2. Document Routing, Review, and Approval: When it comes down to it, the point of Document Control is pretty straightforward—to make the creation of all documents and everything that goes into it a simpler process for everyone involved. An automatic method of routing, reviewing, and approving all documents enables this. The system will route the document through review with the relevant employees and will ensure that final approval is received on all documents before use and distribution. Built-in intelligent business rules will allow for exceptions to the process if needed. For example, if a key employee is out of the office, the document can be delegated to the person designated as the substitute contact.

    The crux of an effective Document Control system is its ability to provide an automatic method of routing, reviewing, and approval of all documents. This process ensures that the document has been reviewed by the necessary employees and has ultimately been given final approval for distribution and use. To get to this point the document must go through different steps of workflow—this is where routing capabilities come in.

    The Document Control system should not just route documents to the next phase in the workflow, but it should also have intelligent business rules that allow for deviations in the process if necessary. For example, delegation and escalation rules allow a document to be delegated to an assigned substitute in the event the primary contact is not available. If the document is pending review, the system will escalate the approval process to ensure the deadline is met.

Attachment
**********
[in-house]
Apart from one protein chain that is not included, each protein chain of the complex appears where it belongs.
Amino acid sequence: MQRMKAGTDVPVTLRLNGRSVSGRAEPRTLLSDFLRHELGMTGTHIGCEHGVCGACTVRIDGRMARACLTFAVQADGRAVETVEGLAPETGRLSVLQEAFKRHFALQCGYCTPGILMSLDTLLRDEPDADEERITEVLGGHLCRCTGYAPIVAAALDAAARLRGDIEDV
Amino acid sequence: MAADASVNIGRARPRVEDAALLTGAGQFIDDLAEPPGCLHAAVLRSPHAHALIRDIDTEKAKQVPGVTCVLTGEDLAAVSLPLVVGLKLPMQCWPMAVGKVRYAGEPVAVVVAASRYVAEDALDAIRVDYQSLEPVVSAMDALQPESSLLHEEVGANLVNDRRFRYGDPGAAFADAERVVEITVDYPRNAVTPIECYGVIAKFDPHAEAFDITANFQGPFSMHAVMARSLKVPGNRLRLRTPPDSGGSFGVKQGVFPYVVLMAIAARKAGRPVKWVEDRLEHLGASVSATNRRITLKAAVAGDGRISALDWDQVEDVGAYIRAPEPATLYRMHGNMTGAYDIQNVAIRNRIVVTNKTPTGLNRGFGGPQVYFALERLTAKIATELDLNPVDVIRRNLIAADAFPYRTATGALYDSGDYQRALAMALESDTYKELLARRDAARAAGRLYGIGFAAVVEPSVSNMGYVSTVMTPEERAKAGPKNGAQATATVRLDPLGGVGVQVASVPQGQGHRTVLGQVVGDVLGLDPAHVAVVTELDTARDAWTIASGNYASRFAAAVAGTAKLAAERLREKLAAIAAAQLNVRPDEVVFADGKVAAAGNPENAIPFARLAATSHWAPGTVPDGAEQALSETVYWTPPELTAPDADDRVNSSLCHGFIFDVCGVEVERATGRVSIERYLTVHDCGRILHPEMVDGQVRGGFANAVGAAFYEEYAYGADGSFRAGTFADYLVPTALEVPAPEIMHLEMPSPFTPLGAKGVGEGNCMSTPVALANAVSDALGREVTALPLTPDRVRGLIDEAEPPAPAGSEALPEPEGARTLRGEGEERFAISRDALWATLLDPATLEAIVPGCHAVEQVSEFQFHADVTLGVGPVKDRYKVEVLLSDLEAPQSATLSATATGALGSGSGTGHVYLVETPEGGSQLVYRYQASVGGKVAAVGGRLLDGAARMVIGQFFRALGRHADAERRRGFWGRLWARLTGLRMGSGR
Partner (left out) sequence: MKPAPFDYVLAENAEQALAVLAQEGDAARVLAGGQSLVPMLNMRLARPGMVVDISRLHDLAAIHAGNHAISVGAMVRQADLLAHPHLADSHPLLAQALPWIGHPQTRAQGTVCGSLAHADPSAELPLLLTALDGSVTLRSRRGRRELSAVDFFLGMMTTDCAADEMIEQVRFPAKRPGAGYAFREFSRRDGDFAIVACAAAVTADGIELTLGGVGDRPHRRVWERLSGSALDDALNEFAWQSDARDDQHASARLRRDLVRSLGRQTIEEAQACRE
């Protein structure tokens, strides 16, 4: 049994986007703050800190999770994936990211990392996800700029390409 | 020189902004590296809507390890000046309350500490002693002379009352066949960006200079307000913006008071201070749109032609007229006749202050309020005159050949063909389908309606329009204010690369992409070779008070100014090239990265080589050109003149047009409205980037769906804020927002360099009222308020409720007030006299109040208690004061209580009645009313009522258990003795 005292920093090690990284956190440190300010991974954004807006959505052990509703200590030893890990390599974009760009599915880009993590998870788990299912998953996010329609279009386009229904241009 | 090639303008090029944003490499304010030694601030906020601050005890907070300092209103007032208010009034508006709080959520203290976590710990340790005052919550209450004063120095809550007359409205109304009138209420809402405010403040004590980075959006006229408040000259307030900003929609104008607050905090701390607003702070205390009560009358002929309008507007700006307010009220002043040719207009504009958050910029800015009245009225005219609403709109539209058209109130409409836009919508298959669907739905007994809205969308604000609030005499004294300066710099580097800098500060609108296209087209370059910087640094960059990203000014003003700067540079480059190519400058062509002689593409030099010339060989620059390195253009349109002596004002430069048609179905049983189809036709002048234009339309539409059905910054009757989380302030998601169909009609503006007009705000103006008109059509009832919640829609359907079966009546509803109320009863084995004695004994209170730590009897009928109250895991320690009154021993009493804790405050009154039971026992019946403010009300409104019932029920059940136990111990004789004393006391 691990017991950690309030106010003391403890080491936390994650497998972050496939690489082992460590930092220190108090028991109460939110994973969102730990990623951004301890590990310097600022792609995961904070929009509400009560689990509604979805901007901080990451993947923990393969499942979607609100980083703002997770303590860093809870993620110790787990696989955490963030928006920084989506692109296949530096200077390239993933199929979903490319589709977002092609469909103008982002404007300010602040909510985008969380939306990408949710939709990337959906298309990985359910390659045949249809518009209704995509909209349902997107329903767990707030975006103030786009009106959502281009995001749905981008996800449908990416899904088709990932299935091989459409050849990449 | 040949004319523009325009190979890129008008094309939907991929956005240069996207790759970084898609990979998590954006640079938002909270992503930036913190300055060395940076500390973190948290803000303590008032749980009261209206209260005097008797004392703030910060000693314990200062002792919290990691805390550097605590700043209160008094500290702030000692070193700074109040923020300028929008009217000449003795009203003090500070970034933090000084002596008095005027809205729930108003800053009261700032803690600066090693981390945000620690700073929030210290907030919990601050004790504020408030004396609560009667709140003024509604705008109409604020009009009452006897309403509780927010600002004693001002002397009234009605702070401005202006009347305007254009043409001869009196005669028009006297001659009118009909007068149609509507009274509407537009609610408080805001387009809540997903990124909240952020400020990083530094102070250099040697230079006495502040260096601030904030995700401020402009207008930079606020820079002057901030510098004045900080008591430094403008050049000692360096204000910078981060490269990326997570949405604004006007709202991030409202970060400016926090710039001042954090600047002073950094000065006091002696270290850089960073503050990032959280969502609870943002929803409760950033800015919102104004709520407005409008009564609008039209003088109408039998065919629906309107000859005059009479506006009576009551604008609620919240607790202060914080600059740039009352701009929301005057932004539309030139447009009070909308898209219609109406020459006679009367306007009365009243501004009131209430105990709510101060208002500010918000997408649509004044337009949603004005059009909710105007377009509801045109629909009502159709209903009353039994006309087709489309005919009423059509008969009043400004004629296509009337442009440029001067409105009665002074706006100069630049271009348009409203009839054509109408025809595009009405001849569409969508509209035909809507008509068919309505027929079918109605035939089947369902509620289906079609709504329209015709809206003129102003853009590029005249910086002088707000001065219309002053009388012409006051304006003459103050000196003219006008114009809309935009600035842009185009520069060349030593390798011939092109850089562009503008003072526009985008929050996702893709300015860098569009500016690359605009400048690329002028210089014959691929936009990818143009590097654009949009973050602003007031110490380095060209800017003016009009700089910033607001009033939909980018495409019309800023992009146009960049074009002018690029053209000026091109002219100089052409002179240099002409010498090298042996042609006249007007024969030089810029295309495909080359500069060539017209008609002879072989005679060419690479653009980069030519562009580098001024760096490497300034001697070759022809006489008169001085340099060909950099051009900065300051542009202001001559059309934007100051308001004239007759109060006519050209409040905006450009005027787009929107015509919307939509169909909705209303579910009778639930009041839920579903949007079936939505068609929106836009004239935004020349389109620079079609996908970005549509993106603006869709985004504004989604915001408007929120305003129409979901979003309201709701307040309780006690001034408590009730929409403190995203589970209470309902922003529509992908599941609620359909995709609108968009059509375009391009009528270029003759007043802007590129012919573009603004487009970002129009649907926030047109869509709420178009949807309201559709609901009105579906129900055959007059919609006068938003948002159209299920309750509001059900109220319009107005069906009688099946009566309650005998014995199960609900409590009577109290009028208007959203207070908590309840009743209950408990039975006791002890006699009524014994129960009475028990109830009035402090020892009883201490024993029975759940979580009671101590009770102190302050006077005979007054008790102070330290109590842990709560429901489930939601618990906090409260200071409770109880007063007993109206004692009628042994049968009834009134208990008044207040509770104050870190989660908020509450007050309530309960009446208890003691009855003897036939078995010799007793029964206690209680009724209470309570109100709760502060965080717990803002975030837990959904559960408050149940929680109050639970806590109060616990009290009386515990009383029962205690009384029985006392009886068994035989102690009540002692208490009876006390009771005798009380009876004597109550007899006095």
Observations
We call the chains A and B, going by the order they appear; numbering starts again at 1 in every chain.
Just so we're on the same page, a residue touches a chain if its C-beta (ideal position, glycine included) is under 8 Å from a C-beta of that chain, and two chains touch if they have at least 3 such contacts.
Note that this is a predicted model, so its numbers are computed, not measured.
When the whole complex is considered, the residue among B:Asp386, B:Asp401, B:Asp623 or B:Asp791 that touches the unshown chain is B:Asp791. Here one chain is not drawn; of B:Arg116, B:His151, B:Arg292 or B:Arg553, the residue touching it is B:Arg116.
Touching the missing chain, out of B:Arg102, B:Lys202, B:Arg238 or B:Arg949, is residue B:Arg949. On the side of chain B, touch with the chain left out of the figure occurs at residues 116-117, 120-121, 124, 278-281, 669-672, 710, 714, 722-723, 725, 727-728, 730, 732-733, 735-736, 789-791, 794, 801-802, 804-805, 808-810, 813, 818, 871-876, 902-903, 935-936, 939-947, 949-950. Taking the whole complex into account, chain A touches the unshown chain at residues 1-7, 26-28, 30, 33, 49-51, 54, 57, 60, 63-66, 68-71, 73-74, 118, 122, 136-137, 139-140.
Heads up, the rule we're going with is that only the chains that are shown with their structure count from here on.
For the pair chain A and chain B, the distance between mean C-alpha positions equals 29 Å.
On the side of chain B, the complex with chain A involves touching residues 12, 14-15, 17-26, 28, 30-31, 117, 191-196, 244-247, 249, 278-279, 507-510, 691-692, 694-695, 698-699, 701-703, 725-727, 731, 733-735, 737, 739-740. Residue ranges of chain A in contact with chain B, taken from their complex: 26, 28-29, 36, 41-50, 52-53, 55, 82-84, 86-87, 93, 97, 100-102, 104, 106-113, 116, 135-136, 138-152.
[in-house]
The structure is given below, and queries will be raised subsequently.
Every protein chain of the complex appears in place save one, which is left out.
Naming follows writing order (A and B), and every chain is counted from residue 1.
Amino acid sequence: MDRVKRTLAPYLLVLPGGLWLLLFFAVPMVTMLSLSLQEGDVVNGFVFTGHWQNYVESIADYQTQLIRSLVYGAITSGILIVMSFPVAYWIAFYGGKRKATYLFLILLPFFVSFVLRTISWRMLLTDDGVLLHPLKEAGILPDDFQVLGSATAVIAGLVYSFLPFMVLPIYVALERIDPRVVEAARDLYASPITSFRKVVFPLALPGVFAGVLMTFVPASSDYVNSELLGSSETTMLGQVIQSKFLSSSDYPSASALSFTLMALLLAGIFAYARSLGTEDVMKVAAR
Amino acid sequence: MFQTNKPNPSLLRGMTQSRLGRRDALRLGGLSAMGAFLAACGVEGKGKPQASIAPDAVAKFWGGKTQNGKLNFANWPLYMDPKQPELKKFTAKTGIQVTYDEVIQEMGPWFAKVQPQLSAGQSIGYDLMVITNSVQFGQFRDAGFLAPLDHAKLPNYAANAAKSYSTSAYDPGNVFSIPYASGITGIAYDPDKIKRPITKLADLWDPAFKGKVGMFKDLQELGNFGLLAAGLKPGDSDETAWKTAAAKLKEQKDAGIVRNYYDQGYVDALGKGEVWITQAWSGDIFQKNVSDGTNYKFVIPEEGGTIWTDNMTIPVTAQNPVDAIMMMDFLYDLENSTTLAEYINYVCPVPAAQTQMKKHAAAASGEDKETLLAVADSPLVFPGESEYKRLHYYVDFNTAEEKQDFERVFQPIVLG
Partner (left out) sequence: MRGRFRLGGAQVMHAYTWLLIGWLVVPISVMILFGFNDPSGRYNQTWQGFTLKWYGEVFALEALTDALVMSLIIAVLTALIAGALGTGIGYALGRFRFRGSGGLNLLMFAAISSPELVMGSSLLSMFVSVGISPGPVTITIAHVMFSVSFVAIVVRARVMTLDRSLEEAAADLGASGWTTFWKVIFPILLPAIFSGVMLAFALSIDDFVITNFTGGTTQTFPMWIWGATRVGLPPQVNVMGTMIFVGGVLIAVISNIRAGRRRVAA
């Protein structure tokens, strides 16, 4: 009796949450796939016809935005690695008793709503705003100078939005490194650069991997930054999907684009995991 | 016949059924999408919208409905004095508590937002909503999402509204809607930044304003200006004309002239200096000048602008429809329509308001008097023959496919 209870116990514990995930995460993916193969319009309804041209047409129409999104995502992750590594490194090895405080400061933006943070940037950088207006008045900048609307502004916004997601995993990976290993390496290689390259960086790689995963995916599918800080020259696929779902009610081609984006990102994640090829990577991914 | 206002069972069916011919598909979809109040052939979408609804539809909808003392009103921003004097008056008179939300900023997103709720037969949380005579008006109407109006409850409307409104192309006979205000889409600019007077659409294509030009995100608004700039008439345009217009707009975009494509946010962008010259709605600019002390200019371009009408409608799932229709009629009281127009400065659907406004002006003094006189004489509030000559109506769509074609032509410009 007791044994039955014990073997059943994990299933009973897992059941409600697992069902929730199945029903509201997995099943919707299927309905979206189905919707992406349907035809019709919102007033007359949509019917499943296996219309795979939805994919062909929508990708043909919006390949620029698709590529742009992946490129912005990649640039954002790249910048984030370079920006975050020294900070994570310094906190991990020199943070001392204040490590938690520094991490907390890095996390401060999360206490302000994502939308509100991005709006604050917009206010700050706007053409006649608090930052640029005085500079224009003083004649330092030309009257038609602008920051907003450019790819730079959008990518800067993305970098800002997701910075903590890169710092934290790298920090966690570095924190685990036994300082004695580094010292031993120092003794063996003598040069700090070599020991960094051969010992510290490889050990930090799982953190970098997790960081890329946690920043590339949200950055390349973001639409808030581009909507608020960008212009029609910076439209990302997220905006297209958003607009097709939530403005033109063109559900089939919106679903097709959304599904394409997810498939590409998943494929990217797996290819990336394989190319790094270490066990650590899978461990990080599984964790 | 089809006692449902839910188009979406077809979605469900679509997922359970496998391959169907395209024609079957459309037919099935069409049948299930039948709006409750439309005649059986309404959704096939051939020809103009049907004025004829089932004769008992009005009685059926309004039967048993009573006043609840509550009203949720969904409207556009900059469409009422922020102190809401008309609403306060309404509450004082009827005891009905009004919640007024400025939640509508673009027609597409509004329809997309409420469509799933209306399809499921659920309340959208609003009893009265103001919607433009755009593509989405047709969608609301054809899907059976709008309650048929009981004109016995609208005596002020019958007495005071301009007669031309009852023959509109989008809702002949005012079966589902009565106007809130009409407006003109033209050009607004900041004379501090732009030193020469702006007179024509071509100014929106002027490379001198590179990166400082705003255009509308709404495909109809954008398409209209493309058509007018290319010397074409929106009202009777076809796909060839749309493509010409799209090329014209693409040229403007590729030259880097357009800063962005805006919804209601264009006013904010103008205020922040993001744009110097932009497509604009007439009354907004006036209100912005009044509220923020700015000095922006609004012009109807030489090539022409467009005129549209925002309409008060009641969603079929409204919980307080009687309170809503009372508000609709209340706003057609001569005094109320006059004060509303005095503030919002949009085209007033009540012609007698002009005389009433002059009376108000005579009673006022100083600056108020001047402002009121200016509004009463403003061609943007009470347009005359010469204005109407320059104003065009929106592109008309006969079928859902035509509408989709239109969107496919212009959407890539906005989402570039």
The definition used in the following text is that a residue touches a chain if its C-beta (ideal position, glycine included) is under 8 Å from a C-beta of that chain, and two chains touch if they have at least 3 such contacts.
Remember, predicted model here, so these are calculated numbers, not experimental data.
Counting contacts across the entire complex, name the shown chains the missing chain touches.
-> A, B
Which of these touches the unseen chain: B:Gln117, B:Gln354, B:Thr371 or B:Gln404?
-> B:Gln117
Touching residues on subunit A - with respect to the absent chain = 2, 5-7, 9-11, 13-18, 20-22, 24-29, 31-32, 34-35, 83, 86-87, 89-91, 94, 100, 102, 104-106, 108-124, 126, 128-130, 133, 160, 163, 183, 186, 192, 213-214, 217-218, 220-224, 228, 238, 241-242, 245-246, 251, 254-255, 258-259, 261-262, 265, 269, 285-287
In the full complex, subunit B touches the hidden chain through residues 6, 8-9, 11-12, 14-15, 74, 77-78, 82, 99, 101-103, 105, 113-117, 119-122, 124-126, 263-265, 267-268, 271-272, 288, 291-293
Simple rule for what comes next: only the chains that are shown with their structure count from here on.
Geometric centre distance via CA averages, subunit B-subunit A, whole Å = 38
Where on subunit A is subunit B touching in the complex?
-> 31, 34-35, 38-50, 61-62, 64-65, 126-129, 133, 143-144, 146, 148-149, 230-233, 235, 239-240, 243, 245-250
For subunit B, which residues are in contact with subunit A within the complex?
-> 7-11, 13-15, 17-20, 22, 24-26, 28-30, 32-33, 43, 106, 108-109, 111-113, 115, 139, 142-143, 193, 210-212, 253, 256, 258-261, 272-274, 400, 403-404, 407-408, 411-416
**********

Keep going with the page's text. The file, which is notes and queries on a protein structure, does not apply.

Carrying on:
3. Integration with Employee Training: When new documents are added, the next step is typically to train employees on those documents. When the Document Control system is integrated with an Employee Training system, this process becomes automatic, resulting in a seamless transition from document approval to training on the new document.